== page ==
23rd LD Update: How Rep. Nance and I Have Turned our Troubled Pasts into Success to Help Others + My Bills

Dear friends and neighbors,  

We’re now in week two of the 2024 Legislative Session. This year is a short session, lasting just 60 days, with our work here in Olympia scheduled to wrap up on March 7. I’m excited to be back in the capitol with my legislative colleagues. 

Today, I’d like to share with you a story about my seatmate and friend, Rep. Greg Nance and me, that recently came out, an update on a couple of my priority bills this year, and information on how you can get involved in the lawmaking process this year.

Turning Our Troubled Pasts into Success and Helping Others 

Many of you who have been following my political career for years and know that I am the first formerly incarcerated person elected to public office after winning my 2020 campaign for state representative. I’ve never hidden my past, nor does my seatmate, the newest member of the Washington State House of Representatives, Rep. Greg Nance, who was appointed to his seat last fall. It’s great to have a friend and a partner with me now in the Legislature who will push for more resources for those behind bars and those struggling to rebuild their lives upon release, as well as fighting tirelessly to address mental health and substance abuse issues that are often at the root of so many societal problems. 

Post Alley, a relatively new website that helps fill in gaps in local journalism and explores new ways of delivery quality reporting and commentary, recently came out with a story on us. I was deeply touched by this piece and encourage you to check it out here.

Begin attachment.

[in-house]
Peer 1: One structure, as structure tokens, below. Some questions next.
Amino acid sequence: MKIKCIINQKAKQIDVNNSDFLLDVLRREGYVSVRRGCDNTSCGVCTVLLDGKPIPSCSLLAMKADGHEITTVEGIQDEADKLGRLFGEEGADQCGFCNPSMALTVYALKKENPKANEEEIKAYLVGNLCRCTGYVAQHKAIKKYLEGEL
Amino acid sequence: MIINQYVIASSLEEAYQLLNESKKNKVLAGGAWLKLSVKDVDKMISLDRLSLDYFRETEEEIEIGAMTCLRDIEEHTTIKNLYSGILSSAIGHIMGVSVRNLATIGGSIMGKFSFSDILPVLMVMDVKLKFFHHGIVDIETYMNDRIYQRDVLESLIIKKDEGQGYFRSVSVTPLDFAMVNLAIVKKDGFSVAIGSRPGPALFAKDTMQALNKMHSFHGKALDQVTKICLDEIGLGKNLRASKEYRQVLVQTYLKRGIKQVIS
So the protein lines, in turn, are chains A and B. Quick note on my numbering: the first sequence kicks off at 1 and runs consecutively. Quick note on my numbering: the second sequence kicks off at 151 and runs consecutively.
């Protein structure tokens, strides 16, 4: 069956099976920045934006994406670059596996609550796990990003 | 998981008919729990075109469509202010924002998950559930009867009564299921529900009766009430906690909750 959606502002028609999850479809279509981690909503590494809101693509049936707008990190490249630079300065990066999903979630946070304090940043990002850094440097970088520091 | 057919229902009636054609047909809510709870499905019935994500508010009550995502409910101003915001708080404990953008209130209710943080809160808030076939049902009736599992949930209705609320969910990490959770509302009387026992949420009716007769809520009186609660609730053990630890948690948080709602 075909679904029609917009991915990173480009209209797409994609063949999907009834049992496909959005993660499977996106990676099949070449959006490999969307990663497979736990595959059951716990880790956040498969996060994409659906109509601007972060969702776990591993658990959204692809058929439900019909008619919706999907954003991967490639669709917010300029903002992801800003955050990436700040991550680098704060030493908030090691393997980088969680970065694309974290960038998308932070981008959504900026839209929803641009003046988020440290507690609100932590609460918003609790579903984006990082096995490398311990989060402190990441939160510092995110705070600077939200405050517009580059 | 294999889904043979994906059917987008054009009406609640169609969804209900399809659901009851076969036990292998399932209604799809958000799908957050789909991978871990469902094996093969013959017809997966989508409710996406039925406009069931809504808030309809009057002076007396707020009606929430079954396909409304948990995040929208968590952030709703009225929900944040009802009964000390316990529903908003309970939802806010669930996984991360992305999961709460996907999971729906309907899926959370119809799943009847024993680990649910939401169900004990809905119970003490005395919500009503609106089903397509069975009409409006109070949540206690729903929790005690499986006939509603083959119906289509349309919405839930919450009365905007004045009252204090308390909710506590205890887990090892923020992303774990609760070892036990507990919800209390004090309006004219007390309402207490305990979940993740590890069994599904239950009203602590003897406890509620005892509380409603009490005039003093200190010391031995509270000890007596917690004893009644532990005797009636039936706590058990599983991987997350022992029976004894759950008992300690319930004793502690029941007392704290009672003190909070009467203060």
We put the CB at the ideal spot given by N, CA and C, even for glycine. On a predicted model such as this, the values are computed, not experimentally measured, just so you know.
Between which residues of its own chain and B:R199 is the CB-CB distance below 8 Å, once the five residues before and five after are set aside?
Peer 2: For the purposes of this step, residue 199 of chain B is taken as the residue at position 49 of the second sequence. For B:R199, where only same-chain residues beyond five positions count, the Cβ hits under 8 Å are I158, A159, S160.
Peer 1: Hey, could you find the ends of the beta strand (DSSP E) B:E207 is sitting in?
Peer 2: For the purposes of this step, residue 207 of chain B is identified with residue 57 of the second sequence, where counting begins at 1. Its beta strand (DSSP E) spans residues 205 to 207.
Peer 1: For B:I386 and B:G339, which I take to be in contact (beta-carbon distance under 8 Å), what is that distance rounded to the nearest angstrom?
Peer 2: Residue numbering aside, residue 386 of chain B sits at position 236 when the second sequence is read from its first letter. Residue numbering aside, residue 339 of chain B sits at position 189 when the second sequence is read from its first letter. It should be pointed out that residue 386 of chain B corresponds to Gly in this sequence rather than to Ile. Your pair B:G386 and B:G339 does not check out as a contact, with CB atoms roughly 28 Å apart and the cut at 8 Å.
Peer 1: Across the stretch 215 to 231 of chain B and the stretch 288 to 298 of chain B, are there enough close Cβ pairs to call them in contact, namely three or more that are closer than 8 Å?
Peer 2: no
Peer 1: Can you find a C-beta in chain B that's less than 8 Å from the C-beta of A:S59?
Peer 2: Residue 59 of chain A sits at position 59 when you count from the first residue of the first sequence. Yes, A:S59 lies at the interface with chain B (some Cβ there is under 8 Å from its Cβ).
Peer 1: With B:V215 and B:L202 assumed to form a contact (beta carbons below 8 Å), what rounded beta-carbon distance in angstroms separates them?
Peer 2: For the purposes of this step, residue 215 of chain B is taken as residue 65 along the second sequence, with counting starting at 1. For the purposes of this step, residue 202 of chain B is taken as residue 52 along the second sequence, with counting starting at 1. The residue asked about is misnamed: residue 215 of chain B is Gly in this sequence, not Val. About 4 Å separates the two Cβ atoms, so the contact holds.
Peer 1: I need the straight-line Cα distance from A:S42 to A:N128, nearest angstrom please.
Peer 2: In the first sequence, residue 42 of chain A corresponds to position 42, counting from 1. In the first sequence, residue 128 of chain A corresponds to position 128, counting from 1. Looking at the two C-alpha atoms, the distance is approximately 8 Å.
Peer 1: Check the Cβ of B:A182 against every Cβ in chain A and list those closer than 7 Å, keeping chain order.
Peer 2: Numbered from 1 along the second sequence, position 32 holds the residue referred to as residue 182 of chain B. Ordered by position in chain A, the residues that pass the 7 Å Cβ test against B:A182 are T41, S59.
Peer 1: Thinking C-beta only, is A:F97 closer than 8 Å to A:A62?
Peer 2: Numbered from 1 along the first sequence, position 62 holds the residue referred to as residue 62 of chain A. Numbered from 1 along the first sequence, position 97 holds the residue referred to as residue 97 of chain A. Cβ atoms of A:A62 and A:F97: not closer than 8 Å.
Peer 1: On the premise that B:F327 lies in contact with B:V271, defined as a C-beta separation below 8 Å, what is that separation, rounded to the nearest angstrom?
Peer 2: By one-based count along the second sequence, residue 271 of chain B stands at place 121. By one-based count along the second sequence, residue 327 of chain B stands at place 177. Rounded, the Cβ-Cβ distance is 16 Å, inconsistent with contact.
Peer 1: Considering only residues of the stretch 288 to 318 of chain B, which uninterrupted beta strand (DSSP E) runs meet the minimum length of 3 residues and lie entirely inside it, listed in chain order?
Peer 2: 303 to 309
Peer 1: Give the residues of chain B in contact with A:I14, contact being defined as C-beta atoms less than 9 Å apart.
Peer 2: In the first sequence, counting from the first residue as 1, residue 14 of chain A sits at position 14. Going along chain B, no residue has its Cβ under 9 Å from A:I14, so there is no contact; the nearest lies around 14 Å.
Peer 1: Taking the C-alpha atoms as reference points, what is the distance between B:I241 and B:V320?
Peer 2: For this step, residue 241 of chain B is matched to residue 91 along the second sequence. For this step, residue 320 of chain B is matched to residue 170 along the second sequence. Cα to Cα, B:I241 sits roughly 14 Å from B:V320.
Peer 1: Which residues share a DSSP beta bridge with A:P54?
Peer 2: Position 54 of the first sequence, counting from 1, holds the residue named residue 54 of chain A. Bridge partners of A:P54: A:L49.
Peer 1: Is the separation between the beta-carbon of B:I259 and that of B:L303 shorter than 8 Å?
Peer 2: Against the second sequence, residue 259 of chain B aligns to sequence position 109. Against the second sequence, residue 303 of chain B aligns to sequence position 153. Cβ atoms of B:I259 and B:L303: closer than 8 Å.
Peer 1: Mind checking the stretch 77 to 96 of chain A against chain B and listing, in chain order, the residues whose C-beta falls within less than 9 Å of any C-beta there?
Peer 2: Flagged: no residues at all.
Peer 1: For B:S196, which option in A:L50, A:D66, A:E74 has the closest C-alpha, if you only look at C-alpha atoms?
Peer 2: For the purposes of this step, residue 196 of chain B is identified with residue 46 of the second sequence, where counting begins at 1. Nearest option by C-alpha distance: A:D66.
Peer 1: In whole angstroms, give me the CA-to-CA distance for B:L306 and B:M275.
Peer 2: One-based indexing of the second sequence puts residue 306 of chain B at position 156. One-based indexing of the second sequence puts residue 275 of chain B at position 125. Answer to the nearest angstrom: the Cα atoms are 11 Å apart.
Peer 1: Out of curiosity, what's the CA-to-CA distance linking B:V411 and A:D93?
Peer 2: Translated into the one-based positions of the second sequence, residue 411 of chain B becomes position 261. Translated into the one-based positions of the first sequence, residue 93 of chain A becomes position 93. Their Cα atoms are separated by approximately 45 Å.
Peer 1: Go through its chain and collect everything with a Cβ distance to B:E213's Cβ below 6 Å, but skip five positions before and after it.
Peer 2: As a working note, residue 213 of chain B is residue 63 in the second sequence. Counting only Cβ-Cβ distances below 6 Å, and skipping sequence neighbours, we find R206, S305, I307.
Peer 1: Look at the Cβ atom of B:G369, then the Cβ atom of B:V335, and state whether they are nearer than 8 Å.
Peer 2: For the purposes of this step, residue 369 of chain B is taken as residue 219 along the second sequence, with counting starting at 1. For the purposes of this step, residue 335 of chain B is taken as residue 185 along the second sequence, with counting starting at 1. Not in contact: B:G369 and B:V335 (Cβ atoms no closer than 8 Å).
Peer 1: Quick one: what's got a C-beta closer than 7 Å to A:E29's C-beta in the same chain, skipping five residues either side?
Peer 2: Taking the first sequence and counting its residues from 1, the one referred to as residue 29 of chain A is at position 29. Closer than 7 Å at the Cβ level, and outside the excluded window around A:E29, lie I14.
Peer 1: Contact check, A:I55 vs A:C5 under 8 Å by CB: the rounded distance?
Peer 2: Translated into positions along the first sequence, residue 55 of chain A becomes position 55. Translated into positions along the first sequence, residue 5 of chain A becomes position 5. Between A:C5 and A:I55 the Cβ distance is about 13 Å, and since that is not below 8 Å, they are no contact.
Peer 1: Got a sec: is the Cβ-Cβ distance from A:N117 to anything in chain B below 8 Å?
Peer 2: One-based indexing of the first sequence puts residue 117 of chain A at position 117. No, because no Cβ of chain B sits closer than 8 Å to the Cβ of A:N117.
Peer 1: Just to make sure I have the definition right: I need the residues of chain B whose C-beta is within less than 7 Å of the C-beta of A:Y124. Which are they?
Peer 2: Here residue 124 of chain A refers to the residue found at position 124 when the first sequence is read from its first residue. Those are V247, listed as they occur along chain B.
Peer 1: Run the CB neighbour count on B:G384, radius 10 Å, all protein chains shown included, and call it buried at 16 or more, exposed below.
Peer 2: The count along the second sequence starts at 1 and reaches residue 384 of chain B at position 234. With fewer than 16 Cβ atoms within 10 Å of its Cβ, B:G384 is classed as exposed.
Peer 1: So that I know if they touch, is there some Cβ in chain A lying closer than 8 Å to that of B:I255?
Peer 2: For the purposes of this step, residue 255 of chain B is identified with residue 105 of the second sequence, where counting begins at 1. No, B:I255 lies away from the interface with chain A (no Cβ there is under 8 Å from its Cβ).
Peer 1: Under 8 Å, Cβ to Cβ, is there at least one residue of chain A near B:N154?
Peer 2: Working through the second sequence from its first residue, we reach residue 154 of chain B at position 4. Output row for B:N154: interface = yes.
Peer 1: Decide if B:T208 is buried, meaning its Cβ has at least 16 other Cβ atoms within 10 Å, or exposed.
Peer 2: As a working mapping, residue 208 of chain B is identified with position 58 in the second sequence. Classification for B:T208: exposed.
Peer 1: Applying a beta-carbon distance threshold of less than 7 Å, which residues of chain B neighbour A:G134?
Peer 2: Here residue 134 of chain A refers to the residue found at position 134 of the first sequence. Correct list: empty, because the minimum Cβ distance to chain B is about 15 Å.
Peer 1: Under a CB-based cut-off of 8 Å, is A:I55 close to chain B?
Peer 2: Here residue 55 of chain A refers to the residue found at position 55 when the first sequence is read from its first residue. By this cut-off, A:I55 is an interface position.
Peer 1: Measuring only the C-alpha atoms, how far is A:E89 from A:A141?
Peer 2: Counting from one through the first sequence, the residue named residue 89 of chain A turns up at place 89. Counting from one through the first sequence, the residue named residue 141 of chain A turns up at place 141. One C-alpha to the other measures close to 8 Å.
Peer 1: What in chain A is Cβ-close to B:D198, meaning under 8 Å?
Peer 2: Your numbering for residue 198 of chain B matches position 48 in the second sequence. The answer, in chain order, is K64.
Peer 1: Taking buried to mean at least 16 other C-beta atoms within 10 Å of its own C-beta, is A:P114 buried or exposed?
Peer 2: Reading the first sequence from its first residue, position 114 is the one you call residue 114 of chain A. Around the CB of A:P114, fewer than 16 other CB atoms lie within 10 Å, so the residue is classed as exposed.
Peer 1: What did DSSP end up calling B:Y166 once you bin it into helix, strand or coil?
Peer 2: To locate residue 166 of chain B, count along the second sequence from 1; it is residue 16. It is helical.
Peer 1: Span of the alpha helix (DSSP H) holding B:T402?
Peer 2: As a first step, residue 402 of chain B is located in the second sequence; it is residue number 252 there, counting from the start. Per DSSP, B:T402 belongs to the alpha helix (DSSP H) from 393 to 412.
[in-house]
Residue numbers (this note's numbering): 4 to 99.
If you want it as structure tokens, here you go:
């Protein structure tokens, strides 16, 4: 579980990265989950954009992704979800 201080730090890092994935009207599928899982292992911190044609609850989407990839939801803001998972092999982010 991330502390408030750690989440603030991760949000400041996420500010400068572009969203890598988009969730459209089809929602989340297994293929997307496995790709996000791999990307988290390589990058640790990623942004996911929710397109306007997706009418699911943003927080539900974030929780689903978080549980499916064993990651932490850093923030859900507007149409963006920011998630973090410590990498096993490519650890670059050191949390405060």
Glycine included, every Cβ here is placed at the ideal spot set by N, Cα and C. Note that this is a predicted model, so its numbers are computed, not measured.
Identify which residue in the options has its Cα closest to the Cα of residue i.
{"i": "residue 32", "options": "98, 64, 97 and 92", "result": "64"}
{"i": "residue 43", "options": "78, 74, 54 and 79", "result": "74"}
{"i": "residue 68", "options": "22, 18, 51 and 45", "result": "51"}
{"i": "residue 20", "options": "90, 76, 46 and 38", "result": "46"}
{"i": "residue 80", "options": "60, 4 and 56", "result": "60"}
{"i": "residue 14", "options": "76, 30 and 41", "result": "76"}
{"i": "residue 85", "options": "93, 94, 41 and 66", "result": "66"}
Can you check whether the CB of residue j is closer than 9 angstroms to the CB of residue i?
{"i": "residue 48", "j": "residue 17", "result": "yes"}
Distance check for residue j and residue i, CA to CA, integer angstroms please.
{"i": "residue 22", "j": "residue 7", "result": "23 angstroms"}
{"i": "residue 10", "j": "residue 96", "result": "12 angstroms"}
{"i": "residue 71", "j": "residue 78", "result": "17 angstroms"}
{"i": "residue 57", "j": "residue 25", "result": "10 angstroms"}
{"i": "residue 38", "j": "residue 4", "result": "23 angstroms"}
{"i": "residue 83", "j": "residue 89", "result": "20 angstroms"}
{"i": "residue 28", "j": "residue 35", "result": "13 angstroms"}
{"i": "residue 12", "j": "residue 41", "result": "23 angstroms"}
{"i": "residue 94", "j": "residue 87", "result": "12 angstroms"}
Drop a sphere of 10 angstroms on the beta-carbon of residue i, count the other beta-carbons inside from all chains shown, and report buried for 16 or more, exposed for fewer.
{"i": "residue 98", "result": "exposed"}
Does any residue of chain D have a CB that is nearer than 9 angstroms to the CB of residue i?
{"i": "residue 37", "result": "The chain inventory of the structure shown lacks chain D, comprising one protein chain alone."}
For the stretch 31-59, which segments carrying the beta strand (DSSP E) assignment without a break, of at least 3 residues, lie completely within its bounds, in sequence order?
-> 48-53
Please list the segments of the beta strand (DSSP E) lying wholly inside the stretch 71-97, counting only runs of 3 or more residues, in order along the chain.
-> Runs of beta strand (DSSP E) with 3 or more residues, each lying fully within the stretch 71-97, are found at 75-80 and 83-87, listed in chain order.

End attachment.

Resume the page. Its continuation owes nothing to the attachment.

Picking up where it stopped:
My Bills are Moving!

Last fall, I sent you an update about my trip to Norway, where I talked about my tour of Norwegian prisons and learning how another country’s approach to prisons and incarcerated people is vastly different and more positive than what we experience in the United States. I was so inspired by this trip last summer that I started investigating what’s done in most states around the country and learned that in all but two states (Vermont and Maine), voting age citizens convicted of a felony are barred from voting for at least some period of time. That’s why this year I’m sponsoring House Bill 2030, which, if passed, would only revoke a person’s voting rights if convicted of a state crime punishable by death. 

HB 2030 was scheduled for a public hearing in the House Committee on State Government & Tribal Relations yesterday, which you can watch here on TVW. 

Last Friday, House Bill 1972, which would increase support for the Washington physicians’ health program, made it out of committee and is next up for debate on the House floor.  Public testimony for HB 1972 was heard last Tuesday in the House Health Care & Wellness Committee, which you can watch here on TVW.  

 I’ll be sure to keep you updated as both HB 2030 and HB 1972 progress through the legislative process. 

How to Participate in the 2024 Session

  • Watch — TVW.org broadcasts all debates and votes that happen in the House or Senate, as well as all committee meetings in both chambers.   
  • Testify — Go here for an overview of the process, here for instructions on how to testify remotely, and here to sign in for hearings in the House or Senate.   
  • Research —Look up any bill by number, lawmaker, or topic here. To learn about the entire legislative process, click here.   
  • Stay Informed — Visit our websites and official social media pages:    
  • Get in Touch — You can always reach our offices by email or phone; all our contact information is listed at the bottom of this newsletter.   


Rep. Tarra Simmons